"He’s not the Blue Jay we wanted anyway," said the A’s fan with a PhD in sour grapes. Edwin Encarnacion is not coming to Oakland, despite Oakland’s attempt to lure him with $50M over 2 years. Now the A’s aren’t exactly linked to Jose Bautista, but the fit is at least imaginable enough that the marriage is predicted by Fanrag, or FANRAG, or something about rooting for your team at just the wrong time of the month.
Bautista is not without warts and risk, but I am in the camp that believes it would not be a bad signing at all to ink Bautista, even though he is coming off a poor season riddled with injury and he recently turned 36. Why is it still a good idea? Several reasons.
- Even in a down year, Bautista maintained an excellent OBP (.366) and OBP is not only one of the most important skills a batter can bring to the table, it’s also one nearly every 2016 A’s batter apparently left in the bathroom on their way to the table. Bautista’s career OBP is a robust .368 and he does not appear to losing anything in that area.
- Bautista will come cheaper than Encarnacion, probably a lot cheaper. FaNrAg (I’ll just try it a bunch of ways hoping one of them will be correct) guesses 2/$31M, but anything in that neighborhood would be considerably easier on the A’s wallet than the $50M they were prepared to offer Edwin. Money saved is money that can be allocated elsewhere, and while he is coming off of a down year (.234/.366/.452), as recently as 2015 Bautista put up numbers (.250/.377/.536, 40 HRs) that are every bit as good as what Encarnacion offers. There is an excellent chance that for the money, Bautista will actually be a better offensive contributor than Encarnacion.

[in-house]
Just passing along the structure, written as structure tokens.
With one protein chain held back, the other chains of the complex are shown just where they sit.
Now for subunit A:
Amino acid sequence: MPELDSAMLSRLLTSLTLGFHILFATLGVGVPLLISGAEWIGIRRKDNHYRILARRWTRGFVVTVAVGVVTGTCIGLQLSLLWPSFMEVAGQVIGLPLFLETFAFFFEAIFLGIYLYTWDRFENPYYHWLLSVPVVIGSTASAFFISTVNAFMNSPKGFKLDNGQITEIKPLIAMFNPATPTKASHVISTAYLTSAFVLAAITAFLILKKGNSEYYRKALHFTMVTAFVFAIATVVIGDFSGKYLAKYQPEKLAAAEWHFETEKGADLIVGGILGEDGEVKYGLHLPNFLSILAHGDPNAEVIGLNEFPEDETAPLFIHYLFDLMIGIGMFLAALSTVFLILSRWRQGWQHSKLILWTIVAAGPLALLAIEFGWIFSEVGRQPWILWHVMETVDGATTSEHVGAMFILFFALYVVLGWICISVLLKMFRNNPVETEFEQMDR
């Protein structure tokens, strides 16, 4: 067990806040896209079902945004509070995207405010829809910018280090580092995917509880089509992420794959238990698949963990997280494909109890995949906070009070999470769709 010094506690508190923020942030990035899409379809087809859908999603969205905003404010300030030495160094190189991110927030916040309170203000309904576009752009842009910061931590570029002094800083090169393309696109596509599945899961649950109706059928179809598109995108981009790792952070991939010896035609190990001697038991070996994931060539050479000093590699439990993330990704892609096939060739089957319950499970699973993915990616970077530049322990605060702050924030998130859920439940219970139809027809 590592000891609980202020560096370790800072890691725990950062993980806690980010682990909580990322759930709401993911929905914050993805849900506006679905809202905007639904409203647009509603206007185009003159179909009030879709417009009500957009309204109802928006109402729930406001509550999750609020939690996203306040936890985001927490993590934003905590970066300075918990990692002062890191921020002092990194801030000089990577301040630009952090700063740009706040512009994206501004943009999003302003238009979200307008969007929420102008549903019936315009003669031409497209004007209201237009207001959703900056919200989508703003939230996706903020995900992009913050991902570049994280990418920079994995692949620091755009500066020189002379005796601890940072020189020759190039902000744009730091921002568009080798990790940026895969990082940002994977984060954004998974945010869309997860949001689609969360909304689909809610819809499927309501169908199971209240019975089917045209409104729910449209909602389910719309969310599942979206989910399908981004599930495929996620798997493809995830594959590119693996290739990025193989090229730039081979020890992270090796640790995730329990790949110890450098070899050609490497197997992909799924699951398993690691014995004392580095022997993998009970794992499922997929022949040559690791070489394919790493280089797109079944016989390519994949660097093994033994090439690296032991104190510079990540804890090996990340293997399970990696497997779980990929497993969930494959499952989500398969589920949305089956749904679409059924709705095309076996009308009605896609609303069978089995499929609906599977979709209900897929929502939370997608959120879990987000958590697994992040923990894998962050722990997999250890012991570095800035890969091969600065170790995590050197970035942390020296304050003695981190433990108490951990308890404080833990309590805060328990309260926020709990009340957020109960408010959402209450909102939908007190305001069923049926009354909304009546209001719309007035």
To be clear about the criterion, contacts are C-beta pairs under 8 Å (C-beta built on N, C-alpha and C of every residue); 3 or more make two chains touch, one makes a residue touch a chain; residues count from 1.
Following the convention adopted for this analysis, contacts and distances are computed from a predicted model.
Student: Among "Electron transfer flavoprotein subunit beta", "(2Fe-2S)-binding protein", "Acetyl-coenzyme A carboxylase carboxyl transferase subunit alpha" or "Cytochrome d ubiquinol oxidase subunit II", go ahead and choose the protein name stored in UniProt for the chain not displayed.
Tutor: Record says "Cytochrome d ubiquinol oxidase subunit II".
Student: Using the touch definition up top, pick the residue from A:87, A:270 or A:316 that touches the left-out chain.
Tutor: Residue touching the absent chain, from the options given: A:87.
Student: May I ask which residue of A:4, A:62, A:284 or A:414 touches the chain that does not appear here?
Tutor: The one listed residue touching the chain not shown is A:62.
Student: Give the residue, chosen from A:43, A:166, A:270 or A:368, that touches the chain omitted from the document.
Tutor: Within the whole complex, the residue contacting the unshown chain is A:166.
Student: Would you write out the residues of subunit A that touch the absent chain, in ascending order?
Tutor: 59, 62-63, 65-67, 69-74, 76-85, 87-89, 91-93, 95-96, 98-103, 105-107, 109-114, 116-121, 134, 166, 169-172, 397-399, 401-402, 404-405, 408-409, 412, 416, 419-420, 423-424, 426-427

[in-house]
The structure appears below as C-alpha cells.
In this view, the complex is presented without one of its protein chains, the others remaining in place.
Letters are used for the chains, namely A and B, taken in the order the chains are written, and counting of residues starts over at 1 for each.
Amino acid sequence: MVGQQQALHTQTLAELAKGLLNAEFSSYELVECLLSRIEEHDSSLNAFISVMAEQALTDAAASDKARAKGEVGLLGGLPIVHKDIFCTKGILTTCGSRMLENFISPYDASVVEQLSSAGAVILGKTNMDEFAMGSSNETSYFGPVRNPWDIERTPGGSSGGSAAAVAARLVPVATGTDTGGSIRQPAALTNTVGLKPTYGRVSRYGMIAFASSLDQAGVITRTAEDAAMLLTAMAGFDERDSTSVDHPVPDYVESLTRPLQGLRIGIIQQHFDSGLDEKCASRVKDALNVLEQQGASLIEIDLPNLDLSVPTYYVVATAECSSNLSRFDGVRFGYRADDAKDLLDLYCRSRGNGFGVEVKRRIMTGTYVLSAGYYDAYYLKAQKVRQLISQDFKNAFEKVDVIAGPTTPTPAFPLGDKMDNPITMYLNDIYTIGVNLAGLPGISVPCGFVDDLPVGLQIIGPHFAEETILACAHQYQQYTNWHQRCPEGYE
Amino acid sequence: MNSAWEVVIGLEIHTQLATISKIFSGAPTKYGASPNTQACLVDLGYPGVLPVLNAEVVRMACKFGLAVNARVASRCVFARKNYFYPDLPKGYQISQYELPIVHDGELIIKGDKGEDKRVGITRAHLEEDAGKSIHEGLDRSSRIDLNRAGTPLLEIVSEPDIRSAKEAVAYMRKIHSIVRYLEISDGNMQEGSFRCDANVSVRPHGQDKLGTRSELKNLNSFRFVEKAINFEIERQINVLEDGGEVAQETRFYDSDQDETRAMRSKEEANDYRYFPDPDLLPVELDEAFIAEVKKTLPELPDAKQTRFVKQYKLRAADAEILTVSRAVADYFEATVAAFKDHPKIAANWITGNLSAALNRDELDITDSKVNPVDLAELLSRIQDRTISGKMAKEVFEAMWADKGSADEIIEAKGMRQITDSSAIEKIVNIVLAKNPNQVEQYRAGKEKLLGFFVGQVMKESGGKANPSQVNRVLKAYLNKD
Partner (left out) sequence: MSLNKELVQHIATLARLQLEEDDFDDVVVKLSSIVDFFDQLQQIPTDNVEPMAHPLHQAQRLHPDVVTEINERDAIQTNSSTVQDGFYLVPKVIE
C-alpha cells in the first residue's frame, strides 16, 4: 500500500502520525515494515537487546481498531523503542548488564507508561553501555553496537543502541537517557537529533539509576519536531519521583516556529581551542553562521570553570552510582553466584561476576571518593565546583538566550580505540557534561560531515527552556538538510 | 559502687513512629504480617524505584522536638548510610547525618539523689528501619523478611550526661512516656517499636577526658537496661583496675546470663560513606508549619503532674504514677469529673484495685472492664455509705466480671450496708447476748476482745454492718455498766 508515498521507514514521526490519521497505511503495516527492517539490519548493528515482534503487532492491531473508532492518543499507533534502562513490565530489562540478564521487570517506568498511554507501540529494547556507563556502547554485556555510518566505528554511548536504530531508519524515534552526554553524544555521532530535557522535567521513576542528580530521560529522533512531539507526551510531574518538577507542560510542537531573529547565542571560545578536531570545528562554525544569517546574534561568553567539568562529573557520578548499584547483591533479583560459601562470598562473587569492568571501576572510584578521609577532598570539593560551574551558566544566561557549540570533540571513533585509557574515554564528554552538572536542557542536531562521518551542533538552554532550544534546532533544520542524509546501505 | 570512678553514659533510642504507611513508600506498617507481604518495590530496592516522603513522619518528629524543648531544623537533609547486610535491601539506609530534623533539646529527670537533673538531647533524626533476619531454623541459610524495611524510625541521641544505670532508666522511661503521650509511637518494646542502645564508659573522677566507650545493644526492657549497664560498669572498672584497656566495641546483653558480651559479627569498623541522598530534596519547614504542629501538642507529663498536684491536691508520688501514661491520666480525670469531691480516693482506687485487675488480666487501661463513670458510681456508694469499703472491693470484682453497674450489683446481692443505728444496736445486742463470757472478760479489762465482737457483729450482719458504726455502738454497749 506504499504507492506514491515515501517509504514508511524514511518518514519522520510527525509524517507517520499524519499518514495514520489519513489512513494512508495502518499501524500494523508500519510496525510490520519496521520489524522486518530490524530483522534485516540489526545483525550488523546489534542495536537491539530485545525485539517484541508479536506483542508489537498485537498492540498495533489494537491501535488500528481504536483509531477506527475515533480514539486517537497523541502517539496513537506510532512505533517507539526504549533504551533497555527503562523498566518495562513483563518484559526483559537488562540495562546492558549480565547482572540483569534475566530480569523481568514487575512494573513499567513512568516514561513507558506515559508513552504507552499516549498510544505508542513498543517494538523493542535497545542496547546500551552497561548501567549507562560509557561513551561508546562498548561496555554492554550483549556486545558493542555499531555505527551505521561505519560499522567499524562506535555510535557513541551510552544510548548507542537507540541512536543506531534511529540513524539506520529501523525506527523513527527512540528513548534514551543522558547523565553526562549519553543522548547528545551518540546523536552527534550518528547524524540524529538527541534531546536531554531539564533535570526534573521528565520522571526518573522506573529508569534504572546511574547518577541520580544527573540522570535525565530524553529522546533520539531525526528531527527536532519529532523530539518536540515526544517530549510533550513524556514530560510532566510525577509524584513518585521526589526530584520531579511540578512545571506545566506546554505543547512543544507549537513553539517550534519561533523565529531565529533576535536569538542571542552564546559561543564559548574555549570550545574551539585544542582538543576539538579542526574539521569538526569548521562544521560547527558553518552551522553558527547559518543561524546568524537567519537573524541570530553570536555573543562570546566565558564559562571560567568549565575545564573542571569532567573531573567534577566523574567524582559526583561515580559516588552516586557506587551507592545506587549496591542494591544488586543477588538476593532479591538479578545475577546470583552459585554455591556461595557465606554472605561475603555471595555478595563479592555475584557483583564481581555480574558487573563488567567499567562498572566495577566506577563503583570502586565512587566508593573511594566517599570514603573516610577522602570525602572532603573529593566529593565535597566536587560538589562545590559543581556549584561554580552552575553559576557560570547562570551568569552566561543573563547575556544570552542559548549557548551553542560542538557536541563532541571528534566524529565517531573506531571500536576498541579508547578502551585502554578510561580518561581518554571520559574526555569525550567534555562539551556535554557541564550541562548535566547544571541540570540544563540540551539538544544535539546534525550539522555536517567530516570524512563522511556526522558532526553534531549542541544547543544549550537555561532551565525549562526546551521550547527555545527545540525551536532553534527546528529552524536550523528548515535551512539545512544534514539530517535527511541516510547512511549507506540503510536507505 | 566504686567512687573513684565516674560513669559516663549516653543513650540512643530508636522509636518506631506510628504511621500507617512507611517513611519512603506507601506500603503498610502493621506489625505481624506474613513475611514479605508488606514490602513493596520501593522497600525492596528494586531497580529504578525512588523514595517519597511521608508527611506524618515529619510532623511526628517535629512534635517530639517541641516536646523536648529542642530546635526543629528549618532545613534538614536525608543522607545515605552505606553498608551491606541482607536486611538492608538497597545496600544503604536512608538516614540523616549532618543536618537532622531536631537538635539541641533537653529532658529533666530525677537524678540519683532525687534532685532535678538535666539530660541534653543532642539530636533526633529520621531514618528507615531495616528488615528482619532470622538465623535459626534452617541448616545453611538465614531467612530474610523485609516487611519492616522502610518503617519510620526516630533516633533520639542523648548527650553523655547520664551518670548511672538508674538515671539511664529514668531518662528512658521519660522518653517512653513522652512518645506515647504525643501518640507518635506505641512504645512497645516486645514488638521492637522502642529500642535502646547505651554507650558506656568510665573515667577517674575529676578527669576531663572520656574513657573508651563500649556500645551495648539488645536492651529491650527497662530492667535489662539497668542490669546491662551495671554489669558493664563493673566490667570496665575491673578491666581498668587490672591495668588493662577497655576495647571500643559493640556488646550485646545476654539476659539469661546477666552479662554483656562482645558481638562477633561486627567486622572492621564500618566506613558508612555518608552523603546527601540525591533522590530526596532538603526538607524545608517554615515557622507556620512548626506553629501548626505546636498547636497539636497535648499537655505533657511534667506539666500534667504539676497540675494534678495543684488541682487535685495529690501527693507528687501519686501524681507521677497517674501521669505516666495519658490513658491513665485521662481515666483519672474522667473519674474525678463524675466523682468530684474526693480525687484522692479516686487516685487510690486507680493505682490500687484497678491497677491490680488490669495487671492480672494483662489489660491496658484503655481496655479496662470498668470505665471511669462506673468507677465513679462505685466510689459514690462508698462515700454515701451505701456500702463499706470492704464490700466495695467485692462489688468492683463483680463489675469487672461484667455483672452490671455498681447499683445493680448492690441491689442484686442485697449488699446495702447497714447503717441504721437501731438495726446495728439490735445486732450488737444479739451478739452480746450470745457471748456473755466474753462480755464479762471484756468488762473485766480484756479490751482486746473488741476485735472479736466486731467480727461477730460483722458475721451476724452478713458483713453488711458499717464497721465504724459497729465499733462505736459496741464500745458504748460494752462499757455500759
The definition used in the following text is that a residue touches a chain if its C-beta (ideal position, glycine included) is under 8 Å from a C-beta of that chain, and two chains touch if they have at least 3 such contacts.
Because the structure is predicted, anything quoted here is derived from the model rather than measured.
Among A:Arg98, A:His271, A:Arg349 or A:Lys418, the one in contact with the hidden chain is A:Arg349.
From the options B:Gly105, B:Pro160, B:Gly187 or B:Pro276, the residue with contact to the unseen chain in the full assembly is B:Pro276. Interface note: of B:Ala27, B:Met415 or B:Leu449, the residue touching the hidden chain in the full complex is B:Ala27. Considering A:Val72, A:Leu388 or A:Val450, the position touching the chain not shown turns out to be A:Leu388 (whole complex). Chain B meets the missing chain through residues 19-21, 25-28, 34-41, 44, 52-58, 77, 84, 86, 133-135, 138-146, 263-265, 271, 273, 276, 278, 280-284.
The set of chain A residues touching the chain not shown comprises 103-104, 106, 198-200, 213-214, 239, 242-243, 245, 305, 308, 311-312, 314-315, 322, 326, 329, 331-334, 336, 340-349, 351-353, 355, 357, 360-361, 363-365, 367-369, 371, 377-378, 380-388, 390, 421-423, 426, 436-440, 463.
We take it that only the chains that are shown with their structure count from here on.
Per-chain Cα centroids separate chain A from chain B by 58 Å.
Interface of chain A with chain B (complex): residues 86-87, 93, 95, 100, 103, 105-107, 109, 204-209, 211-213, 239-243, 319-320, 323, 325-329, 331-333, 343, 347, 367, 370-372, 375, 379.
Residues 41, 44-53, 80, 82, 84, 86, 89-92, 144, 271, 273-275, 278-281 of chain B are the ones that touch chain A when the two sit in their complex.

- Bautista’s fielding has definitely declined, but he remains a superior defensive contributor to Encarnacion. More to the point, his presence would improve the A’s overall defense, even if only a little — against RHPs the A’s could put Matt Joyce at DH and Bautista in RF, upgrading their RF defense from poor to slightly below average. (Or they could put Joyce in LF and Davis at DH, accomplishing about the same amount of overall improvement over a Joyce-RF/Davis-LF alignment).
- Assuming any sort of a bounce-back, Bautista’s presence in the A’s lineup would immediately make it much better. Bautista is a legitimate #4 hitter (or #2 hitter if you prefer him there), who would give the A’s some pretty good length with Joyce and Bautista as high-OBP guys, Ryon Healy and Khris Davis as mashers, Stephen Vogt possibly in the mix, Marcus Semien and Bruce Maxwell at the bottom of the order.
- Worried that the A’s would become overly RH? One of Bautista’s notable strengths, and an other indicator of a guy who can "flat out hit," is that Bautista has virtually no platoon splits. Career vs. LHPs? .264/.375/.508. Career vs. RHPs? .252/.366/.489. Concerned that Bautista is simply a product of the hitter-friendly Rogers Centre? Yes, Bautista has a career home OPS of .894, but his career road OPS is a very strong .831.
Even in a down year, Bautista got on base at an elite level and he is only one season removed from banging 40 HRs. As risk goes, this is a good one and if his asking price is anywhere like 2/$31M I see many reasons to jump at the chance to sign him, few reasons to shy away. Heck, add Bautista and land a good long-term CFer and your off-season suddenly looks pretty good.
Get ‘er done, Forsty.